Britain’s £30bn high speed rail line from London to Scotland will be centred on Euston station and not Heathrow airport, transport secretary Lord Adonis revealed this week.
Adonis has rejected the Arupled Heathrow Hub option preferred by the Conservatives in favour of a London Euston terminus supplemented by an interchange with Crossrail to the west of Paddington station.
Travel times from this interchange at Old Oak Common to Heathrow airport using Crossrail would be around 10 minutes.
The decision was announced in a government Command Paper published last Thursday, in which a 536km long, Y-shaped high speed network is outlined.
It will cost £30bn to build and will link London and Birmingham before splitting to serve Manchester to the north west and the East Midlands, Sheffield and Leeds to the north east.
Adonis said he had “huge respect” for Arup, but said that the government’s High Speed 2 (HS2) company set up to investigate a new network had found there was only a weak business case for a Heathrow Airport station.
Such a station would be tunnelling intensive and would cost a hefty £2bn more to build, it said. Adonis said that even if built, a shuttle service would still be needed to take passengers from the Arup-proposed station 4km north of the airport perimeter to its five terminals.
He added that the site would throw up “a lot of issues” because it is in the green belt, on a flood plain and sandwiched between the M25 and M4 motorways and the Great Western rail line.
“There is no single place called Heathrow,” Adonis said. “The Conservatives are quite wrong to say they support a station at Heathrow. [Their] proposal is not for a station at Heathrow - it is 2.5 miles (4km) away.”
“The Conservatives are quite wrong to say they support a station at Heathrow. Their proposal is for a station 4km away”
But Adonis made a tactical political move by saying was not “closed minded” over the Heathrow issue and has instructed former transport secretary Lord Mawhinney to look again at the options for building an integrated transport connection at the airport.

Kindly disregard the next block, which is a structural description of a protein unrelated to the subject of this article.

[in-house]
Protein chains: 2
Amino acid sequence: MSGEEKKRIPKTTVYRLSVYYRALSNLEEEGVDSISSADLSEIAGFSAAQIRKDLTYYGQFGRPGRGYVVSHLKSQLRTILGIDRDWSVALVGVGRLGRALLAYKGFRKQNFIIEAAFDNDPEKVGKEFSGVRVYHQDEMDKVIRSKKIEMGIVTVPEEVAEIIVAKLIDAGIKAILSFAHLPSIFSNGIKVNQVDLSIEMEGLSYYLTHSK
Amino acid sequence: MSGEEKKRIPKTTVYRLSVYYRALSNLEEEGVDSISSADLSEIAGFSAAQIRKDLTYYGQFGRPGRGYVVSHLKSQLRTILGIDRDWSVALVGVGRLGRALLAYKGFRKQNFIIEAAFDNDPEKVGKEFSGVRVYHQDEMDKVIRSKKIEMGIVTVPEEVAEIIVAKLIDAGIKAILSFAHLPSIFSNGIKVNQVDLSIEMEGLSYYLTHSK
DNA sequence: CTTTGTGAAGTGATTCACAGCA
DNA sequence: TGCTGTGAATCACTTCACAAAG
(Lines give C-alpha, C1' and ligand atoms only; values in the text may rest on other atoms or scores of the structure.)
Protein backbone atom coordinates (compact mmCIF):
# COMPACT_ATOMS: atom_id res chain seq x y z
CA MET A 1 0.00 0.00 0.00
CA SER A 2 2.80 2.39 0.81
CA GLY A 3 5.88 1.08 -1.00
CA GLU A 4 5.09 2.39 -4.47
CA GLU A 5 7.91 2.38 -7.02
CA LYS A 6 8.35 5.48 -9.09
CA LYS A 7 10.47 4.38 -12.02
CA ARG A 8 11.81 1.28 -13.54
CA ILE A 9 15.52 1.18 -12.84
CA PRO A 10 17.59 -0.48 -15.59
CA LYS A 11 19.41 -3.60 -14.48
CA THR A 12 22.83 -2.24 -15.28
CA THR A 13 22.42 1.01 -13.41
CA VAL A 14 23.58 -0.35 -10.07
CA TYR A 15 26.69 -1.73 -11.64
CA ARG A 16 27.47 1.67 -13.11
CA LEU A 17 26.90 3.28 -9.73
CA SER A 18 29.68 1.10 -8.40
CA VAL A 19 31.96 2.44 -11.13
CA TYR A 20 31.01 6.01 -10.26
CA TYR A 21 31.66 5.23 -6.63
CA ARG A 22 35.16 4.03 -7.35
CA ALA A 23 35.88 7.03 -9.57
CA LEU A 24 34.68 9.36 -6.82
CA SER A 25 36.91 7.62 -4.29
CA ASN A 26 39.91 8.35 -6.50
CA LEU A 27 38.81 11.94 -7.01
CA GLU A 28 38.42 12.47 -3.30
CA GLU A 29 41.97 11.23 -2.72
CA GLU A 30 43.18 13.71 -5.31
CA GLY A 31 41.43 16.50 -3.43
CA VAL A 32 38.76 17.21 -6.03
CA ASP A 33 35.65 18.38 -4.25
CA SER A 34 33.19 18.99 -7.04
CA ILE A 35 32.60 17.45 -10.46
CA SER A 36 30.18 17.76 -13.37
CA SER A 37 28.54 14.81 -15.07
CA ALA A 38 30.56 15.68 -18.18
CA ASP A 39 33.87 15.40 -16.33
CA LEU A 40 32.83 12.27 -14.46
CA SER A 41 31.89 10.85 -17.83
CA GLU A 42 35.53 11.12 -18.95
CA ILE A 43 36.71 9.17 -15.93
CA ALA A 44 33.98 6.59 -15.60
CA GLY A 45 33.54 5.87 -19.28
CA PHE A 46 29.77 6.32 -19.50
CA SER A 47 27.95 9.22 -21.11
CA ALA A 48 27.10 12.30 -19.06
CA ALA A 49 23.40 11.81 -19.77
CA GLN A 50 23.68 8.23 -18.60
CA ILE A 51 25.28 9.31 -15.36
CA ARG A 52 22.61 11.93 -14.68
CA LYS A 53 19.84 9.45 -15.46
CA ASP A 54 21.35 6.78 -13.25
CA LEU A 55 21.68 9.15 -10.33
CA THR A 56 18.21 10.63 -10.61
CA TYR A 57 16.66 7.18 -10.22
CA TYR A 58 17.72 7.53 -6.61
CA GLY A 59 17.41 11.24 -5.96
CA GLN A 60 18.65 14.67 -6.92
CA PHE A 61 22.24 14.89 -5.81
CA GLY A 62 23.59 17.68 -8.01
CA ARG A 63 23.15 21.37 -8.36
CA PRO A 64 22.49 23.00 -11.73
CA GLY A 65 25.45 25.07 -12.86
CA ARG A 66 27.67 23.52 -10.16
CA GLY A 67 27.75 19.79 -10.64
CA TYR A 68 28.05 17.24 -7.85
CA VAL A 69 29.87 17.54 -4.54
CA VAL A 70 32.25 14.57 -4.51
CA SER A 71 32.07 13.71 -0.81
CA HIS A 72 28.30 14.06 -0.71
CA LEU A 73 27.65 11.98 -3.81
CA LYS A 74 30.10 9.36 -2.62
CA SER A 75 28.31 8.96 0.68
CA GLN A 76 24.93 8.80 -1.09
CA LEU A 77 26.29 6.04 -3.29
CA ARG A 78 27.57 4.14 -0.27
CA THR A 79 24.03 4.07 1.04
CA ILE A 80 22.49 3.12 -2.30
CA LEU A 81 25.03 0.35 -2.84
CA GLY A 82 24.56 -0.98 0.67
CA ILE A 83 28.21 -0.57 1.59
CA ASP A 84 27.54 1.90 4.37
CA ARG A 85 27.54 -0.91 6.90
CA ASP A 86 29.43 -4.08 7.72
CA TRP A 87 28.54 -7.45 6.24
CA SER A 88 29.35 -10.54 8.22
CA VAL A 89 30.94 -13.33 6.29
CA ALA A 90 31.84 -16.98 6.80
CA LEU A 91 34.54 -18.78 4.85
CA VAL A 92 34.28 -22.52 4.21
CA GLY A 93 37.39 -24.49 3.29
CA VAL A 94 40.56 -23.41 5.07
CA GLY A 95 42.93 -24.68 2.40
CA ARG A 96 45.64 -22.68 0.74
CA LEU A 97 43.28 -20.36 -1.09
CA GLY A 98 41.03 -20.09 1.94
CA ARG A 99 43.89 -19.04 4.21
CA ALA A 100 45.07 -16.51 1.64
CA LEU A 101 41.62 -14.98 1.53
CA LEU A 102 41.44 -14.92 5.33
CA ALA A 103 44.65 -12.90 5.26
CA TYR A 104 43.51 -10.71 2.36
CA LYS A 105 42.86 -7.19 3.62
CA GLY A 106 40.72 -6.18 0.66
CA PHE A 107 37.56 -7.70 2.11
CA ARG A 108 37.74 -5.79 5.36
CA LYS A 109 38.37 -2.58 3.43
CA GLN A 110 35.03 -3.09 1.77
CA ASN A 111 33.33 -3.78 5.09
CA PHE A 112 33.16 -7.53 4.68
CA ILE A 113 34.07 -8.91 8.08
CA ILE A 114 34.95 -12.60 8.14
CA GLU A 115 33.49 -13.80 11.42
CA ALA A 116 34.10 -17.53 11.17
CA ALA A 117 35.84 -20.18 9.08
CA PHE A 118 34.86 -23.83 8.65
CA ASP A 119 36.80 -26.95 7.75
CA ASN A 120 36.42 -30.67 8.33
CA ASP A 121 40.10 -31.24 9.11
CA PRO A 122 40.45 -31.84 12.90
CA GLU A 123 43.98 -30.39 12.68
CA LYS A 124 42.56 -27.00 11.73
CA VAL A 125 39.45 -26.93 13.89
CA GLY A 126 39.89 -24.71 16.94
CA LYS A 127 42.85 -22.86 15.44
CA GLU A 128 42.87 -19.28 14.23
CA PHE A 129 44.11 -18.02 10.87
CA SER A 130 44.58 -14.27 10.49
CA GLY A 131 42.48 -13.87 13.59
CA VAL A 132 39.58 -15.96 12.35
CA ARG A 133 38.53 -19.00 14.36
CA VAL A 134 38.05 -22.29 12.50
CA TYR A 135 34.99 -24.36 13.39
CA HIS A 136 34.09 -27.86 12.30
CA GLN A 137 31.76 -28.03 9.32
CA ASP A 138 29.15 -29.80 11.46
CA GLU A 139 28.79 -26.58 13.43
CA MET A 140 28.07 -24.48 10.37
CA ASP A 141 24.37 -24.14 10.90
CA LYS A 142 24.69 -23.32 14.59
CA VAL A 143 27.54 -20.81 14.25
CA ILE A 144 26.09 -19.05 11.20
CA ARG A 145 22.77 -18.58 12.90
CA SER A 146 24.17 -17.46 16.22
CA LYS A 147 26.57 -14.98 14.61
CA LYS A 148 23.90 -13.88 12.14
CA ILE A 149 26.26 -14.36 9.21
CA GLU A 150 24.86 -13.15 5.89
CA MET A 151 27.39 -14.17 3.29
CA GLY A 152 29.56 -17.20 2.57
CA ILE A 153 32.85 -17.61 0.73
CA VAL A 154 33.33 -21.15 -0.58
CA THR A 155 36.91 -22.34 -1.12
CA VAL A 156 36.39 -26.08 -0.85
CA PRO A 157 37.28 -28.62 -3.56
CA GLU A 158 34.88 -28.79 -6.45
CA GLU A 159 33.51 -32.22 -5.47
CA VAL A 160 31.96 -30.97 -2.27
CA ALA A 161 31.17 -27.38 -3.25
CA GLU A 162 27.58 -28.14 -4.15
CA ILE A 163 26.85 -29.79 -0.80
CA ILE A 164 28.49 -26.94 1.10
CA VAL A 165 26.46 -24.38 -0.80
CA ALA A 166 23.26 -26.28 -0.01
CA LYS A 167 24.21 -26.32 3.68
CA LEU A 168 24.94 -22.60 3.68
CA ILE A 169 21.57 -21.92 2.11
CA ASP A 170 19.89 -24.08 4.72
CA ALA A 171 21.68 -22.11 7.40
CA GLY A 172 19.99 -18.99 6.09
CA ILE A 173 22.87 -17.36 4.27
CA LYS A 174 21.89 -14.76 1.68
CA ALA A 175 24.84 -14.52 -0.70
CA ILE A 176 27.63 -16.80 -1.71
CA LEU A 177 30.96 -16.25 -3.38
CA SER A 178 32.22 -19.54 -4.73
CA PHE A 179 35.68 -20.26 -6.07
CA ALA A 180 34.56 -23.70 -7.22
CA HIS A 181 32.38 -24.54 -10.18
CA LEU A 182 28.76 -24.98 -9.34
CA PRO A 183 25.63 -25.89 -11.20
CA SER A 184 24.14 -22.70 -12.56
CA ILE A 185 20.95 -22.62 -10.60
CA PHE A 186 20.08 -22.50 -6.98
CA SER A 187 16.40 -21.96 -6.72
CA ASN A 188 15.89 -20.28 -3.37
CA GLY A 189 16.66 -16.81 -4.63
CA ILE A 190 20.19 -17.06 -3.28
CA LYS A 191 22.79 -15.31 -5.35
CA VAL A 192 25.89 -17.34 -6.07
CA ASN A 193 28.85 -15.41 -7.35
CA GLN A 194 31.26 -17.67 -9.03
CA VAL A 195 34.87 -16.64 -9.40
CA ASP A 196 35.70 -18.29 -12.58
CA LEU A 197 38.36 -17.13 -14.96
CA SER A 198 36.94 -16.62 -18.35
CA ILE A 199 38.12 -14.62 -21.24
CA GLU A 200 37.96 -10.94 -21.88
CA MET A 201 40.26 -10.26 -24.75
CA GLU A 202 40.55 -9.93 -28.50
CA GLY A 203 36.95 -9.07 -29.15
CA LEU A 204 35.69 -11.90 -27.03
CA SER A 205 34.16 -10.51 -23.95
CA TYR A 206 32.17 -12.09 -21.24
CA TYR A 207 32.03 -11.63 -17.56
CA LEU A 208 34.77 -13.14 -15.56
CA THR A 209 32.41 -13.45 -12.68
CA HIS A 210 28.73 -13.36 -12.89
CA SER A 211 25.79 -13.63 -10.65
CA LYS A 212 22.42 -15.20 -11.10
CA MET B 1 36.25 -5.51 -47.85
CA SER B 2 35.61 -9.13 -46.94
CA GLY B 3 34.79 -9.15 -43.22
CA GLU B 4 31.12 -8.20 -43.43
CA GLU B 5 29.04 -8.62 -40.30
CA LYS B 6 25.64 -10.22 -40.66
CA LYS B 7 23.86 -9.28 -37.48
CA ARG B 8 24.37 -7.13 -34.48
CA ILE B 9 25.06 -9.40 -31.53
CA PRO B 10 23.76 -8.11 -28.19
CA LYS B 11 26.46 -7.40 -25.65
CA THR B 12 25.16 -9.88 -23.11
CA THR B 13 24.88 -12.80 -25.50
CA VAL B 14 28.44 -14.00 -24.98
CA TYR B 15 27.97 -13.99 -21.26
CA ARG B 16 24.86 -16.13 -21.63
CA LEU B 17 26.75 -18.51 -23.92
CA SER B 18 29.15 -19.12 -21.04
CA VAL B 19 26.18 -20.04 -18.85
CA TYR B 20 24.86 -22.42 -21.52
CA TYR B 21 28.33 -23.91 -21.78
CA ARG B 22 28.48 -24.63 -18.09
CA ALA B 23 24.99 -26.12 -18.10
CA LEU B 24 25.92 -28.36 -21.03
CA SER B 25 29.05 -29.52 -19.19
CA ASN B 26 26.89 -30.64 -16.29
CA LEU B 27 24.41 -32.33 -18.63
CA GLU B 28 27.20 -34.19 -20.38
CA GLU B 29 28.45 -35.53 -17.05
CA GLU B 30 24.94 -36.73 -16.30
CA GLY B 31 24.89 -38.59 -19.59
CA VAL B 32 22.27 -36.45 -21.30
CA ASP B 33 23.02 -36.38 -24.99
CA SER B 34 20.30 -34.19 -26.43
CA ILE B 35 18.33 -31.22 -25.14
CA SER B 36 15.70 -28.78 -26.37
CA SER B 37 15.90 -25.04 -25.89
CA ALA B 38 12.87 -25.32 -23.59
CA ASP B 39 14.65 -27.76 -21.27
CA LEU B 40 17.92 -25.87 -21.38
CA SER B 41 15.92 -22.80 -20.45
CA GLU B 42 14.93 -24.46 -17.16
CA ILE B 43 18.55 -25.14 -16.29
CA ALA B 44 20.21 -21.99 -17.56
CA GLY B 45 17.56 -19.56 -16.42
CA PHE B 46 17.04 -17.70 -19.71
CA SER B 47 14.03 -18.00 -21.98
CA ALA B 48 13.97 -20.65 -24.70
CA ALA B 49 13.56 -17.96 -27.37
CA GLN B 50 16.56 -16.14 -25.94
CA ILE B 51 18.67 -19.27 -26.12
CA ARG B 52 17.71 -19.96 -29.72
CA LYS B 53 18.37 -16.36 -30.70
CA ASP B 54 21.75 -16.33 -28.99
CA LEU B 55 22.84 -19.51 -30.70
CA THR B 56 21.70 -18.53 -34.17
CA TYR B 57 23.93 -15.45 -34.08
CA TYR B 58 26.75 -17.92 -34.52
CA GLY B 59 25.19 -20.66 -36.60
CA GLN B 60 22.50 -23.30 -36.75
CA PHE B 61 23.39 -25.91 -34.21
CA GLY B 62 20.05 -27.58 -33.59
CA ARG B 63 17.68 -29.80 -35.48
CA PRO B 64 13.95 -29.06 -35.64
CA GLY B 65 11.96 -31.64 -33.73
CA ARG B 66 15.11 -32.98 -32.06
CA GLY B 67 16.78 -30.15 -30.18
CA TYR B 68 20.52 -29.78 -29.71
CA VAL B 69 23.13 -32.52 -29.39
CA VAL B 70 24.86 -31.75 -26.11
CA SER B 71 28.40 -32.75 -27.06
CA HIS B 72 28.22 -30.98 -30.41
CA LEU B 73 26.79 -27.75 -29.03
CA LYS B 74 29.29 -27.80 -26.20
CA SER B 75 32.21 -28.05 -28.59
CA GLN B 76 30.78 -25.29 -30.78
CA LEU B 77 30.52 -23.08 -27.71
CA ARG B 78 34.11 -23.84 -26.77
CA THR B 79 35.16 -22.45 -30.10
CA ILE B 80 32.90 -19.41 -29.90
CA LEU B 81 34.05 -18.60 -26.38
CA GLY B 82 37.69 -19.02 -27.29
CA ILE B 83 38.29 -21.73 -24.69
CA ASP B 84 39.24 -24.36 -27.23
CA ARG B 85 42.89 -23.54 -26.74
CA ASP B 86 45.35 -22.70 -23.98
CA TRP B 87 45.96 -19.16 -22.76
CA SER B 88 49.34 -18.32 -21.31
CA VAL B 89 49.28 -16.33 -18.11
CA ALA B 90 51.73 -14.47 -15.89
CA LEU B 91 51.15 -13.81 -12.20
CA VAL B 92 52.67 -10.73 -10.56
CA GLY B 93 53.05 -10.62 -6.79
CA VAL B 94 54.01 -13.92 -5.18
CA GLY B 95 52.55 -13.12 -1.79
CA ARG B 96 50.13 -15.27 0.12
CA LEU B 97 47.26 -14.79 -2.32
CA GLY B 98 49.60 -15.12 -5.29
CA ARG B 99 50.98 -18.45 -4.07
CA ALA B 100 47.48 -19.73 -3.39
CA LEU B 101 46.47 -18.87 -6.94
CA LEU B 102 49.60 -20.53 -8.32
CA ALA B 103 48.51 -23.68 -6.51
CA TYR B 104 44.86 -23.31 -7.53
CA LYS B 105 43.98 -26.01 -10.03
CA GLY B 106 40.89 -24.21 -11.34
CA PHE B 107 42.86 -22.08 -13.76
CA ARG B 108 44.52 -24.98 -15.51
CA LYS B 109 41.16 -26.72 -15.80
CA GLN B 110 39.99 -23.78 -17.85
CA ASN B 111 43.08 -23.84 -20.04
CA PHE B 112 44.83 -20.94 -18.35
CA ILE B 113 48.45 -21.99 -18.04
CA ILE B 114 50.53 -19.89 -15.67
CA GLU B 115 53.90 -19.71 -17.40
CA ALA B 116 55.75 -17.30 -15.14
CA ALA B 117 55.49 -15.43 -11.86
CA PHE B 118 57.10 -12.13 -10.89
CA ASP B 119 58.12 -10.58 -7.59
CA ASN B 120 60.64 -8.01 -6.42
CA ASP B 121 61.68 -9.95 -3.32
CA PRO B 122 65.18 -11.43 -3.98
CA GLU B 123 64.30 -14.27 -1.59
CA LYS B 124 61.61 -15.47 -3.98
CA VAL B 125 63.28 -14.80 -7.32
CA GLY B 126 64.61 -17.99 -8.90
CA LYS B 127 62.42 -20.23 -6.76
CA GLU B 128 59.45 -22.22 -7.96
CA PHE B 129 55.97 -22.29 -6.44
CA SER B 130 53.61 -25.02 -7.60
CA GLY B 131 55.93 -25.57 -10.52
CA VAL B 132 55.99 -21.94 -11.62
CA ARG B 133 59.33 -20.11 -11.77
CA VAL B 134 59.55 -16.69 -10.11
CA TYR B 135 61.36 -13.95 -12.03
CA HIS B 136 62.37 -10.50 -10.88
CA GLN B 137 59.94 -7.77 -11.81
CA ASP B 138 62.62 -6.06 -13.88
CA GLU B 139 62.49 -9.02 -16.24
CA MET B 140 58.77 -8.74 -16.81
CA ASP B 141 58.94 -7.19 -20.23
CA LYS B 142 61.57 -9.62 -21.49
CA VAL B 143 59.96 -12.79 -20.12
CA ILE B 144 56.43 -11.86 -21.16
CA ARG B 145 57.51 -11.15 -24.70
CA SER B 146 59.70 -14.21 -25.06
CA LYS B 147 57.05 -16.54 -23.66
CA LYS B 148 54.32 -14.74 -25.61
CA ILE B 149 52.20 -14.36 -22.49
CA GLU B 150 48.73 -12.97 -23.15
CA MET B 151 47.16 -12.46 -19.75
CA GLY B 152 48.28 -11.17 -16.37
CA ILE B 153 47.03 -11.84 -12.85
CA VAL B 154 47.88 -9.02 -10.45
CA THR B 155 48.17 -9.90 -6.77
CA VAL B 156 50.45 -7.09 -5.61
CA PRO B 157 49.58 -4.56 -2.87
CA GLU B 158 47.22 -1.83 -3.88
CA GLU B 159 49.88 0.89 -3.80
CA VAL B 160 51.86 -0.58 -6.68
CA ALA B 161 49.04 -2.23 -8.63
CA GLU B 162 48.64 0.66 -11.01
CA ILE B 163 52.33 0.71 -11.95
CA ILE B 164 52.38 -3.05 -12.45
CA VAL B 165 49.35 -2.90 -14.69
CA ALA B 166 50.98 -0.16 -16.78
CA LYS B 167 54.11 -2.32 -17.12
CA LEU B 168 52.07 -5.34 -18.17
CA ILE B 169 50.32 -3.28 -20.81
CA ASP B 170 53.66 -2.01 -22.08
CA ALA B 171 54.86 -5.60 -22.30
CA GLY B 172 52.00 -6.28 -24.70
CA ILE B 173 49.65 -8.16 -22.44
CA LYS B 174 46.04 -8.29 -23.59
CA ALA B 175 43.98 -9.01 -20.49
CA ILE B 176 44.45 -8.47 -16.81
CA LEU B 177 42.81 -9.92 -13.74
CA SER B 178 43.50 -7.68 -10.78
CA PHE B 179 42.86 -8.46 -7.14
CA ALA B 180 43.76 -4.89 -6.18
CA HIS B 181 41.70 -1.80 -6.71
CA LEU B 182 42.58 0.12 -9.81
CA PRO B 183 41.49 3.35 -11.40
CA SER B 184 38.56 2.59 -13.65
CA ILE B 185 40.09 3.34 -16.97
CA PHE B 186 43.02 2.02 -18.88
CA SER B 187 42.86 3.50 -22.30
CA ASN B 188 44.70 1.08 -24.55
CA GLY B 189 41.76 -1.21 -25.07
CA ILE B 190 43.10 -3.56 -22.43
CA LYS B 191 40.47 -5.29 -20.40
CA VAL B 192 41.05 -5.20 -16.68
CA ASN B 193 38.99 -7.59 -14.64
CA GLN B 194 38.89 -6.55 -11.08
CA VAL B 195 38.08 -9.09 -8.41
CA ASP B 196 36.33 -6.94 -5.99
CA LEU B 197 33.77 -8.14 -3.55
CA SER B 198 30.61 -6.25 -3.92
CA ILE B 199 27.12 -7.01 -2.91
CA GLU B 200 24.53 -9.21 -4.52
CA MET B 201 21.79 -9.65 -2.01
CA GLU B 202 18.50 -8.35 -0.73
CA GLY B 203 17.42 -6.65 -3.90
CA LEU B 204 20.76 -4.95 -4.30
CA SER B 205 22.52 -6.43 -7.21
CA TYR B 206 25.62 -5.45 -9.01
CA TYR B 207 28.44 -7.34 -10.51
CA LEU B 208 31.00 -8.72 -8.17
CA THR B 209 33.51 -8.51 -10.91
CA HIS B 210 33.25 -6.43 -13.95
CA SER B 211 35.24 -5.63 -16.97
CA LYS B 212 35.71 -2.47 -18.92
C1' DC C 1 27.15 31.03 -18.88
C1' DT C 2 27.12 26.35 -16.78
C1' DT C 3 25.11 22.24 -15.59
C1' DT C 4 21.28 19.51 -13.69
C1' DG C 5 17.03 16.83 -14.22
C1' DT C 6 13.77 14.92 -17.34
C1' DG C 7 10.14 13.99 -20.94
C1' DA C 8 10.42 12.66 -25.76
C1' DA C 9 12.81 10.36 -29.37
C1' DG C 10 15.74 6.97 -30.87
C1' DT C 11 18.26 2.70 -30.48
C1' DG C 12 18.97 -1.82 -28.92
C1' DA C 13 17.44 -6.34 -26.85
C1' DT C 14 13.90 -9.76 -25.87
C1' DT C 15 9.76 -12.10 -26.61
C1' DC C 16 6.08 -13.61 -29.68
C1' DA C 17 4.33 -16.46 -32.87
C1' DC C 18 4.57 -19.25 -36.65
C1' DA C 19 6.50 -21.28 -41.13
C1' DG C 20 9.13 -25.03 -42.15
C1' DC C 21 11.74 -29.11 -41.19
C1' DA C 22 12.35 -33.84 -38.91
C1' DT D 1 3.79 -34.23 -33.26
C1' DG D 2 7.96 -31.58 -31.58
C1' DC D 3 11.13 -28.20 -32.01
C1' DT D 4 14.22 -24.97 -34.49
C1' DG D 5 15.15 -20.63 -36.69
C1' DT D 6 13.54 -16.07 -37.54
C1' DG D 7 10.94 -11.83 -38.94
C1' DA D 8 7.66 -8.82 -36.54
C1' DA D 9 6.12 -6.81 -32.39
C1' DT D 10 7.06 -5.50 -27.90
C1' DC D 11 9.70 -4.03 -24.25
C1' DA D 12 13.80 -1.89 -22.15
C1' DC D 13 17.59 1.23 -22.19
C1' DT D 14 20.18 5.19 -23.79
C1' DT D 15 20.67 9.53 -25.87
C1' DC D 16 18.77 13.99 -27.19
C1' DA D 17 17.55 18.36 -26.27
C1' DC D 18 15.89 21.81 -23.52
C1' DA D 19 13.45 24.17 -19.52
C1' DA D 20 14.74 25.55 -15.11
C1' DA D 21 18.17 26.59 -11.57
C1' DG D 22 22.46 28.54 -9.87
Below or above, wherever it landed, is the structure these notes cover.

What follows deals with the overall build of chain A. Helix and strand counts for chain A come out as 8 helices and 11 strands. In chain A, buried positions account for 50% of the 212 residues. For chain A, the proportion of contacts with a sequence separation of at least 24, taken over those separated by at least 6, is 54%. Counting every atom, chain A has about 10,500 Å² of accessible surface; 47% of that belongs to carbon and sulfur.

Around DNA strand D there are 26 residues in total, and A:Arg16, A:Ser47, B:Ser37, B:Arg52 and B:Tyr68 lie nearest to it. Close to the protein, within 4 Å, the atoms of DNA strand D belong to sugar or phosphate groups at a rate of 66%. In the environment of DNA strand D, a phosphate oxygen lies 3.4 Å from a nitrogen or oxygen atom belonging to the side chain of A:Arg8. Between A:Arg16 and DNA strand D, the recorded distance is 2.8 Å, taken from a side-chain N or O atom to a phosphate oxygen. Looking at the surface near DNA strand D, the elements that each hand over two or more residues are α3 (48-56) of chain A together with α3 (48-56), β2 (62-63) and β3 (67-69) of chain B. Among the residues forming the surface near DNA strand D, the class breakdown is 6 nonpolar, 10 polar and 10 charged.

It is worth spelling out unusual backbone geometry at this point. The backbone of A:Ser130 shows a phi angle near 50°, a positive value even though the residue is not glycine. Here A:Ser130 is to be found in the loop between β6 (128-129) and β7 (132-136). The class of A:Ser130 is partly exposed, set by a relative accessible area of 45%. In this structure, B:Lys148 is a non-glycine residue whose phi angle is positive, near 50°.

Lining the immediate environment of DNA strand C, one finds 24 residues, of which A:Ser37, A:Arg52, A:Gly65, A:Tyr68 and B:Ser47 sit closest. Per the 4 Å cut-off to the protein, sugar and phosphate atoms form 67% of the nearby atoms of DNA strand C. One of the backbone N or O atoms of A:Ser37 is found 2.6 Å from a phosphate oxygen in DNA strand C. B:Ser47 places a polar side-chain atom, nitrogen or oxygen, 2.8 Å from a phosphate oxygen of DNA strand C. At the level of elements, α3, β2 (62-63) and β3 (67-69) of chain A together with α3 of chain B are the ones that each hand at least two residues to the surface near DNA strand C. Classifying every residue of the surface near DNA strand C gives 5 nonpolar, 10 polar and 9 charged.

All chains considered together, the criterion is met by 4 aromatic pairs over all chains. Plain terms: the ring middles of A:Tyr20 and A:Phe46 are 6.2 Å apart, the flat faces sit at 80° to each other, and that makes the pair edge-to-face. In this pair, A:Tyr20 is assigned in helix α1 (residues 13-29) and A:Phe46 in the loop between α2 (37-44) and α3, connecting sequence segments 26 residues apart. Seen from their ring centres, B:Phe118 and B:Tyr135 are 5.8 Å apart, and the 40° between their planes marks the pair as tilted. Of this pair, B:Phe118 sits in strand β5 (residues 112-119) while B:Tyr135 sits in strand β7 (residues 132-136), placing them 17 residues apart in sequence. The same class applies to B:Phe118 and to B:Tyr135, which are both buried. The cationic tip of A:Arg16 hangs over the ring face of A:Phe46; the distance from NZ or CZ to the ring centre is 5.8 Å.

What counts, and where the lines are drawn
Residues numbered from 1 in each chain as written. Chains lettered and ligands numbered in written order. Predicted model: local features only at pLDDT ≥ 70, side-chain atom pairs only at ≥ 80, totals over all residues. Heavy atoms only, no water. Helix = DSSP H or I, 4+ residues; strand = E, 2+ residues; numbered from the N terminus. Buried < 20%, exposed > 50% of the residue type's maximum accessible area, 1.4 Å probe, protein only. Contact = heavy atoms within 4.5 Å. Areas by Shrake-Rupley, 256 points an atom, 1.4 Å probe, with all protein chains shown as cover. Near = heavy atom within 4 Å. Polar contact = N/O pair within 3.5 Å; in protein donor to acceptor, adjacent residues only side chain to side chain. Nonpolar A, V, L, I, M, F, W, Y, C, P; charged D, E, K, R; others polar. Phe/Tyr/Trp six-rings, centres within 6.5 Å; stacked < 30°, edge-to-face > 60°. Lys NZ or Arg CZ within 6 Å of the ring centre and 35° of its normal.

The Hub plan had gained popularity because of its direct connections to Great Western rail services, Crossrail and the proposed Airtrak scheme that would link Heathrow Terminal 5 to the existing rail network to the south and west, including Reading, Guildford and London Waterloo.
Arup said it welcomed the report and said that it would be keen contribute to Mawhinney’s review.
“As the firm that secured the alignment for the UK’s only existing high speed rail line - HS1 - Arup is committed to seeing the best possible next steps for high speed rail delivered for Britain, for which the route alignment is key.
“We look forward to contributing to the review, led by Lord Mawhinney, to ensure the best high speed alignment is selected for passengers, businesses and the environment,” it added.
High Speed journey times
London to Birmingham
London to Manchester
1 hour 20 minutes
London to Sheffield
1 hour 15 minutes
London to Leeds
1 hour 20 minutes
Choosing Euston station as the terminus rules out a direct link with the HS1, which terminates at St Pancras.
The plan, also developed by Arup and promoted by architect Sir Terry Farrell, includes the potential for a rapid transit link for pedestrians travelling the few hundred metres between Euston and St Pancras.
It also includes new underground platforms, a remodelled and expanded Tube station and bus and taxi interchanges.
Adonis said he had not given up on the idea of a through link from HS2 to HS1. He said he has instructed HS2 chief engineer Andrew McNaughton to look into a firm proposal linking the two lines as well as the rapid transit connection.
The first phase
The first stretch from London to the West Midlands broadly matches Network Rail’s proposal and is expected to cost between £15.8bn and £17.4bn.
Adonis said it was vital that it was a state-led project with the majority funded from the public purse but that he envisaged there would be “substantial” private investment.
Up to 10% of this section would be in tunnel and Adonis said the planned start of construction in 2017 was timed to allow tunnelling capacity to switch from Crossrail.
It is hoped the first trains would start running in 2026 with trains capable of running at 400km/h.
Beyond the West Midlands high speed trains would initially run on conventional lines through to Liverpool, Newcastle, Glasgow and Edinburgh.